25 they may be abated. Some propose the esAnd so we might go on extending the list tablishment of a contract bureau or intellithrough several columns. This purview gence office where pulpit supplies may be shows plainly that the relative importance enrolled and sought. The difficulty here is of the Board of Education to the other two that the field to be supplied is too large, and boards, and we might add the Freedmen's the qualifications of the candidates and their Board also, is not rightly estimated; and fitness for particular places cannot be easily shall we infer from this that like pains are ascertained and guaranteed. Others pronot taken to set it forth? Of course equal pose the appointment of a number of judiamounts are not expected, not desired; but cious superintendents or quasi bishops for the standard set by the Assembly is in all different localities whose business it shall be these cases not observed. The result is that to ascertain the several points needful, and last year we were obliged to shut down the assist in putting the right man into the right gates early in the season, and we may be place. Others insist that the business be

50

longs by right to the bodies holding the committee, and none be invited to supply episcopate in their several denominations, the pulpit except under their joint apwhether it be individual bishops or ecclesi- proval. astical bodies like the presbytery or synod 3. That every candidate shall have a fair or classis. But the great obstacle to be en- opportunity of making his qualifications countered in every instance is the independ- known to the church. ent spirit of the churches. They resent The effect of such measures would be to control or even interference, and prefer to exclude questionable men from entering and take their own course. The result often- fortifying themselves in a church, and to times is that, owing to bad taste or lack of secure to our worthy unemployed brethren discernment, sterling worth is rejected and a fair chance of occupying vacant fields shallow display carries the day. Still fur- through the recommendation of their brethther, in the competition which ensues modest ren. Though these measures may not acmen feel they have no place or chance, and complish all that could be desired, they keep themselves aloof. So many an excel- would be helpful toward it. The care of lent laborer continues a W. C. If ever a the presbytery would then be brought to condition of things demanded from our ec- bear on every vacant church and its own clesiastical bodies earnest consideration and preferences be at the same time respected. the wisdom which is profitable to direct, Moreover, the Board will be enabled to give this does.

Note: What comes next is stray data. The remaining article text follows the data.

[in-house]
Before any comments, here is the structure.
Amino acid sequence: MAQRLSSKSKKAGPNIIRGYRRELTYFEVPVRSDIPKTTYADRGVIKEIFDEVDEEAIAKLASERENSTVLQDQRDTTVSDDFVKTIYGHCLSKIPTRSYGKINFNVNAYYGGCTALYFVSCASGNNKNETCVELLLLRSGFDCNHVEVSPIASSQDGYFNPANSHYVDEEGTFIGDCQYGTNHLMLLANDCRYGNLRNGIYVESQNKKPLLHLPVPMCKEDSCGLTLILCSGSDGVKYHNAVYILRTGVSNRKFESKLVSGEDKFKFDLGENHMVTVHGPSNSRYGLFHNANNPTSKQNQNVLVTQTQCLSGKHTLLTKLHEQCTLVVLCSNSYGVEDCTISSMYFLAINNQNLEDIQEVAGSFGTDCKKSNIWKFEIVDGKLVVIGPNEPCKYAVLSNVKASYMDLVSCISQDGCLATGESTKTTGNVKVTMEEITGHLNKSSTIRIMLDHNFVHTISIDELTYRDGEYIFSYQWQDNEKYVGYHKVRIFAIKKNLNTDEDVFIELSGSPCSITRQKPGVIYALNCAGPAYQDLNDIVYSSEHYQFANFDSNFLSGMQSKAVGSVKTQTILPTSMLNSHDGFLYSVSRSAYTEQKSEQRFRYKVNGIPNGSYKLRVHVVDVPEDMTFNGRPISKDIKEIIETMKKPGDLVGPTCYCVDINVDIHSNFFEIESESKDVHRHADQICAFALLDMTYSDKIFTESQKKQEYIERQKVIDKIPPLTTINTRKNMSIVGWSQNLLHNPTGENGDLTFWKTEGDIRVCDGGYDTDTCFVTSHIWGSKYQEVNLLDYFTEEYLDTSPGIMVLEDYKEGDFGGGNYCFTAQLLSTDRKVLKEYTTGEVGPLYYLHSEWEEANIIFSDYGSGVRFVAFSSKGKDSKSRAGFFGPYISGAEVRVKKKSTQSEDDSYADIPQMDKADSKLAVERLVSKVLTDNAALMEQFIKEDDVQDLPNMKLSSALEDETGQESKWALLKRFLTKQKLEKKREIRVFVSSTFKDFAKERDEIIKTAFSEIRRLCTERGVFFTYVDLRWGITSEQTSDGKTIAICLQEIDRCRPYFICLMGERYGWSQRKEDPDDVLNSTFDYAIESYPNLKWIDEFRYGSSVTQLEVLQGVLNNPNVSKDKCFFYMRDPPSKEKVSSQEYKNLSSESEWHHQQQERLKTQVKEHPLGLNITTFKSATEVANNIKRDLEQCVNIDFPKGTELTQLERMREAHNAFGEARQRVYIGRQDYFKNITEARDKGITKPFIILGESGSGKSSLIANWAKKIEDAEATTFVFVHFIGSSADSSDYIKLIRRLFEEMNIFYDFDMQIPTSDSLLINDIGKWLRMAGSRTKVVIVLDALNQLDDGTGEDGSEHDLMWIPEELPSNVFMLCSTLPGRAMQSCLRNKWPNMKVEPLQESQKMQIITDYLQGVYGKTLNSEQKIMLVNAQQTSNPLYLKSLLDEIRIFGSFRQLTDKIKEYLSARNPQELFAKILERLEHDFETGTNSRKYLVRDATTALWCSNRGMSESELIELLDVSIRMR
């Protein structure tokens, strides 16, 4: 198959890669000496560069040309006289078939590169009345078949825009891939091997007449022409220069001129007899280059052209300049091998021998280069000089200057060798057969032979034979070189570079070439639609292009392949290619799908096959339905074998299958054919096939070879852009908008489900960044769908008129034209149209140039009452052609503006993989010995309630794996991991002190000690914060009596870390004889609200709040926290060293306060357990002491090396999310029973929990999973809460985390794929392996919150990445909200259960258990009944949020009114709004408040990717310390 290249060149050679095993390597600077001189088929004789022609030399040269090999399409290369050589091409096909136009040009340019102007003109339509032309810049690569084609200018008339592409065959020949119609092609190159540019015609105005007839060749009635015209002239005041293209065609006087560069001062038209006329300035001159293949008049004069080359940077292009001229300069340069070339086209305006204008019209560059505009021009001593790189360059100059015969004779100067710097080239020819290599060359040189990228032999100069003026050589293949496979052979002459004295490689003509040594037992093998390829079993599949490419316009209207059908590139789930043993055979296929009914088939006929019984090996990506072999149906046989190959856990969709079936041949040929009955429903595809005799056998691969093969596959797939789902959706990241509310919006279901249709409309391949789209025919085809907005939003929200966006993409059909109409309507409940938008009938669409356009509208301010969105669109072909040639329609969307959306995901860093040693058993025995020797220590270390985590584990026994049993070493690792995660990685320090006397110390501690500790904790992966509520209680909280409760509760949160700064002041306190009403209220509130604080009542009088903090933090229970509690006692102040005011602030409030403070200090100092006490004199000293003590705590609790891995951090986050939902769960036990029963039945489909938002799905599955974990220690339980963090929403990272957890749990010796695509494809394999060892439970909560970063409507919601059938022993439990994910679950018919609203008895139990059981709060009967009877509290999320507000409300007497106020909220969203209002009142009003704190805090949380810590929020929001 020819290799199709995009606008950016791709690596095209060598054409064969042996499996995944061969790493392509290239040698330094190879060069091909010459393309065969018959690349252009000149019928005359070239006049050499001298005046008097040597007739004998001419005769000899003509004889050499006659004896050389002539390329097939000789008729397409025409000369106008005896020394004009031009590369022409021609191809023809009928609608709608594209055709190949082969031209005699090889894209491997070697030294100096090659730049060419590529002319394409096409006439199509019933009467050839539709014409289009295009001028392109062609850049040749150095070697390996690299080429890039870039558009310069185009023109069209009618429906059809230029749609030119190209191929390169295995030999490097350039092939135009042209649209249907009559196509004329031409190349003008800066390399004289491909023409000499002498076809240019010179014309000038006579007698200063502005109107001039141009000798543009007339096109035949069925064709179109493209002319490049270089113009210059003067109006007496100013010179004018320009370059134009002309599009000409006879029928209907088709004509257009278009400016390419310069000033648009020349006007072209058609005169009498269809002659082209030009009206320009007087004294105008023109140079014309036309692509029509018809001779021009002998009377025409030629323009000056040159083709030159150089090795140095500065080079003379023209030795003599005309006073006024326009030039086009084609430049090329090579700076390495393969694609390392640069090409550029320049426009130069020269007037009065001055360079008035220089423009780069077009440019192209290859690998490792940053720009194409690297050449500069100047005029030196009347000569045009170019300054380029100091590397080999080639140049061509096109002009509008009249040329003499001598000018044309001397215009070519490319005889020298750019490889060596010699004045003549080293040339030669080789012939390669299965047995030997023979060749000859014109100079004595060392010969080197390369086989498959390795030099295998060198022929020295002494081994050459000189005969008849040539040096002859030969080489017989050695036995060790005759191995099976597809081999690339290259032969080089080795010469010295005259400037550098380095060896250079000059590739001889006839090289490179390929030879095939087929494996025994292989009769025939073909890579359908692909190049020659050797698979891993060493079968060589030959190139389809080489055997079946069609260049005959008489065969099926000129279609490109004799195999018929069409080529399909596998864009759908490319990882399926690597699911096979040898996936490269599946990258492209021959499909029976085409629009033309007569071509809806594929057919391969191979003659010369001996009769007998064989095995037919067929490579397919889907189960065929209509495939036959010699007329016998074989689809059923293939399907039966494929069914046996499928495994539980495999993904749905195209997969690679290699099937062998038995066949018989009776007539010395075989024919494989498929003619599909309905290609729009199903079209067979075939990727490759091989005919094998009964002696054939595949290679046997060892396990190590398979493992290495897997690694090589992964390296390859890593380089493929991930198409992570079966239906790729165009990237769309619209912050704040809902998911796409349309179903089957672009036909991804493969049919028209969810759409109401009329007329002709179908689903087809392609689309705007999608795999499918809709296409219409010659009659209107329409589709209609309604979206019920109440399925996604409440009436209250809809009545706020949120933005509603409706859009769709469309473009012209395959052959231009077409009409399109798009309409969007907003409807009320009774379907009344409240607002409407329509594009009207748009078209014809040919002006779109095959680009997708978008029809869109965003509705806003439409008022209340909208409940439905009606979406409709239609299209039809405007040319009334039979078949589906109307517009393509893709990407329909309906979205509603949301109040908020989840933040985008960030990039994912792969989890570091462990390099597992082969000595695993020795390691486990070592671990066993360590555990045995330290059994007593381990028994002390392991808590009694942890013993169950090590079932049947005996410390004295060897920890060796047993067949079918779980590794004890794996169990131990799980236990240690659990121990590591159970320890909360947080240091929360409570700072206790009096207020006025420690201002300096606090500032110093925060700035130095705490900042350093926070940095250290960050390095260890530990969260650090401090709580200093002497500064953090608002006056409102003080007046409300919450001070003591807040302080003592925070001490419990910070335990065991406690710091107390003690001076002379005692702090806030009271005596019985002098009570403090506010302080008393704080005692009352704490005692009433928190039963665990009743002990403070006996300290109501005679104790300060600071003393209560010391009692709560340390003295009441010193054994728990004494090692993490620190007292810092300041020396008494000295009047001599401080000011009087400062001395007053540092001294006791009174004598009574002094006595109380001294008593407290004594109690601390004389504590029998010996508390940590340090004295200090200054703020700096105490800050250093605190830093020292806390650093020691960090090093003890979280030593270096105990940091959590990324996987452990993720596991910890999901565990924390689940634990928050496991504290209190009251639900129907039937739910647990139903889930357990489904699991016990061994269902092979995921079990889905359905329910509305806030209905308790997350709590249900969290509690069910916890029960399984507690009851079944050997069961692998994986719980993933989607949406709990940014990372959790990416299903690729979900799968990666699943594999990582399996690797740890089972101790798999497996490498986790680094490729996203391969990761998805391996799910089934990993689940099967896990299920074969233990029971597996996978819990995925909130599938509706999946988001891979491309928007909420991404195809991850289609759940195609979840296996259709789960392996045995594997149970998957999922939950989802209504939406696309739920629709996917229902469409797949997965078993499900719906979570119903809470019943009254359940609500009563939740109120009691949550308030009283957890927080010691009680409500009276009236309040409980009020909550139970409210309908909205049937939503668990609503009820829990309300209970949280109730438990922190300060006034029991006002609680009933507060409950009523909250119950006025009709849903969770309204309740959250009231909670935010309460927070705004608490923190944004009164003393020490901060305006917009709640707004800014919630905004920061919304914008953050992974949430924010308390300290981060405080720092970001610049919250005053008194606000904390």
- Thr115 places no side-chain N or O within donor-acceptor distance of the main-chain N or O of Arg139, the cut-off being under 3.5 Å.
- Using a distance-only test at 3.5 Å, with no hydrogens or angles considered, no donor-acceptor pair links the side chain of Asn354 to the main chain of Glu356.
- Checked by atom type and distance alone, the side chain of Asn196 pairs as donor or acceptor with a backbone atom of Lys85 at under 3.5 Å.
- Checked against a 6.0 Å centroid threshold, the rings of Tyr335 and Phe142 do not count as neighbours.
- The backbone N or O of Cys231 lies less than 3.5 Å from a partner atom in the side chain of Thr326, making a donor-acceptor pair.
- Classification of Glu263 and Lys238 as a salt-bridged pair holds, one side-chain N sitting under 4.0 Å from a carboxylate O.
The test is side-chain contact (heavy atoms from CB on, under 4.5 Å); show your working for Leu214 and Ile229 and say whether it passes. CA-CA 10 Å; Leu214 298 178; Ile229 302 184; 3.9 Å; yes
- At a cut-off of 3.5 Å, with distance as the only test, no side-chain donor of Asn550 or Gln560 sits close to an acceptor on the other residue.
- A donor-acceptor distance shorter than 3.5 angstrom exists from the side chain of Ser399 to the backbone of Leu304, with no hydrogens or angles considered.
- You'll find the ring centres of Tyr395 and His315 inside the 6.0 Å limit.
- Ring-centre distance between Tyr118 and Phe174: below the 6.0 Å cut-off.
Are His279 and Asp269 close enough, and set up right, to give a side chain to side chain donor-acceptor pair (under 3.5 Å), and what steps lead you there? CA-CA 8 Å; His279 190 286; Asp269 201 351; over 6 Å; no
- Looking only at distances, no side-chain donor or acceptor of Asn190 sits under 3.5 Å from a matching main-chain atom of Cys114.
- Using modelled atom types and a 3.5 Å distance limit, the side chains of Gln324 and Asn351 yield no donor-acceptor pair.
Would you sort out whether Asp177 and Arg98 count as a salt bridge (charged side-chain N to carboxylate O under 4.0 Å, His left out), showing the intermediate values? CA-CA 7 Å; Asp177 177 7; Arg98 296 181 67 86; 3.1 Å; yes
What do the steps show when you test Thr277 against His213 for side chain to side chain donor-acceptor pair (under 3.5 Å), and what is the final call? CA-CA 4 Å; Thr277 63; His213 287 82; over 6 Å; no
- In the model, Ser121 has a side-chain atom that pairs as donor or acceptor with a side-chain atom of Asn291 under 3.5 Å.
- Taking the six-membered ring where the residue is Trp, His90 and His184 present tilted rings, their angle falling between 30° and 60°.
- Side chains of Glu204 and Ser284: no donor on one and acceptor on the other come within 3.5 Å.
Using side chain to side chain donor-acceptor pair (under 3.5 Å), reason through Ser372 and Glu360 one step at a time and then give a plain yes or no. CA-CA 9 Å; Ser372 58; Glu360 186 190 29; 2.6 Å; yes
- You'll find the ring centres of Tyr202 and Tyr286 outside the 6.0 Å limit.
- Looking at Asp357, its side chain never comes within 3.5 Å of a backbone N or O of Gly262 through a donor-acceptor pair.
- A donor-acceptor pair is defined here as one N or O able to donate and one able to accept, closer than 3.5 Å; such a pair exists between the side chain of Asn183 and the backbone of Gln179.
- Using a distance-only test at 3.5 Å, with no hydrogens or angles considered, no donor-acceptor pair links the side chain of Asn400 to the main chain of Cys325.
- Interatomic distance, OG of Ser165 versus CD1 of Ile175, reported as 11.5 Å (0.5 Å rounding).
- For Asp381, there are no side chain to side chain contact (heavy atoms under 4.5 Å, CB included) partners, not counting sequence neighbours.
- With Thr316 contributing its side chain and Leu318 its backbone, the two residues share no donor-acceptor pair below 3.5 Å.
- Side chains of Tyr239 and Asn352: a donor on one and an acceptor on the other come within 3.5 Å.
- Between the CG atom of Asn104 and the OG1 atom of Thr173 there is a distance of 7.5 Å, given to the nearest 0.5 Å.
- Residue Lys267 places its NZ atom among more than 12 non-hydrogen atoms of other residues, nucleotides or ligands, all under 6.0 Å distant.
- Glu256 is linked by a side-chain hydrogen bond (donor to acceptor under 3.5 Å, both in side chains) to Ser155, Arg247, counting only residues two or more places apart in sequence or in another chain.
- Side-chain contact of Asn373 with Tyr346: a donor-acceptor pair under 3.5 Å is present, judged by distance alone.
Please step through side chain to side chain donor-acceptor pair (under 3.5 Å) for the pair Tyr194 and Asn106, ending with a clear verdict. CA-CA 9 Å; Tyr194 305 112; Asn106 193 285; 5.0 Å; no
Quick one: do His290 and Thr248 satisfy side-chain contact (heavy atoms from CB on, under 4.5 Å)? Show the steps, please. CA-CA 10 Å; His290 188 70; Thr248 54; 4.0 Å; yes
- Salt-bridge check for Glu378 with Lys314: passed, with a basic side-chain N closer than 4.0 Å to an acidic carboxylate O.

additional assurance to the young men whom But what has all this to do with the it seeks to enlist in the gospel service that, Board of Education ? Much in many ways. it worthy, they will be cared for and aided In these unemployed ministers it encounters by their brethren in their efforts to secure a a strong objection in the minds of the peo- field of labor. ple against further efforts to multiply ministers. Again, it does not like to see any whom it has aided in educating compelled

A RECOMMENDATION. by unwarrantable neglect to fail in render- In the September number of the Homiletic ing the church remunerative services. Still Review there is an article on the importance further, it does not like to hear calls for of ministers cultivating the voice, which we more men from vacant churches and unoc- commend to the careful study of all cancupied fields when there are so many ready didates for the ministry as well as of minand willing and able to do good work suf- isters themselves. This week there came a fering from lack of employment. There- minister into our office, who told us that he fore it feels strongly impelled to unite with had been desirous of getting a supply for his the many who are pondering and discuss- pulpit during his absence, with some thought ing this subject in pressing it upon the can- that if acceptable to the people he might did and time-taking attention of ecclesiasti- resign in the other’s favor; and to this effect cal bodies.

he had engaged three of his brethren sucWill it be regarded as presumption if we cessively, but all three failed of winning the offer a suggestion or two on this point ? people simply from lack of ability to make

1. That every presbytery, in discharging themselves distinctly heard. Were we asked its duty of care and control over its con- for one of the main causes why so many stituent churches and ministers, appoint a excellent men get to be, and remain, W. C.'s committee of the most judicious members of so long, we would say it is from lack of a its body to co-operate with the committees sufficient and clearly-articulated utterance. of vacant churches appointed to select a An audience does not like to be taxed in pastor or stated supply, and that such co- listening to a preacher, and many will not operation shall be obligatory upon all. tolerate the exaction long. To avoid such

2. That all applications of candidates for an obstacle to success we advise all to get the vacant pulpit shall be sent to this joint and read that article in the Homiletic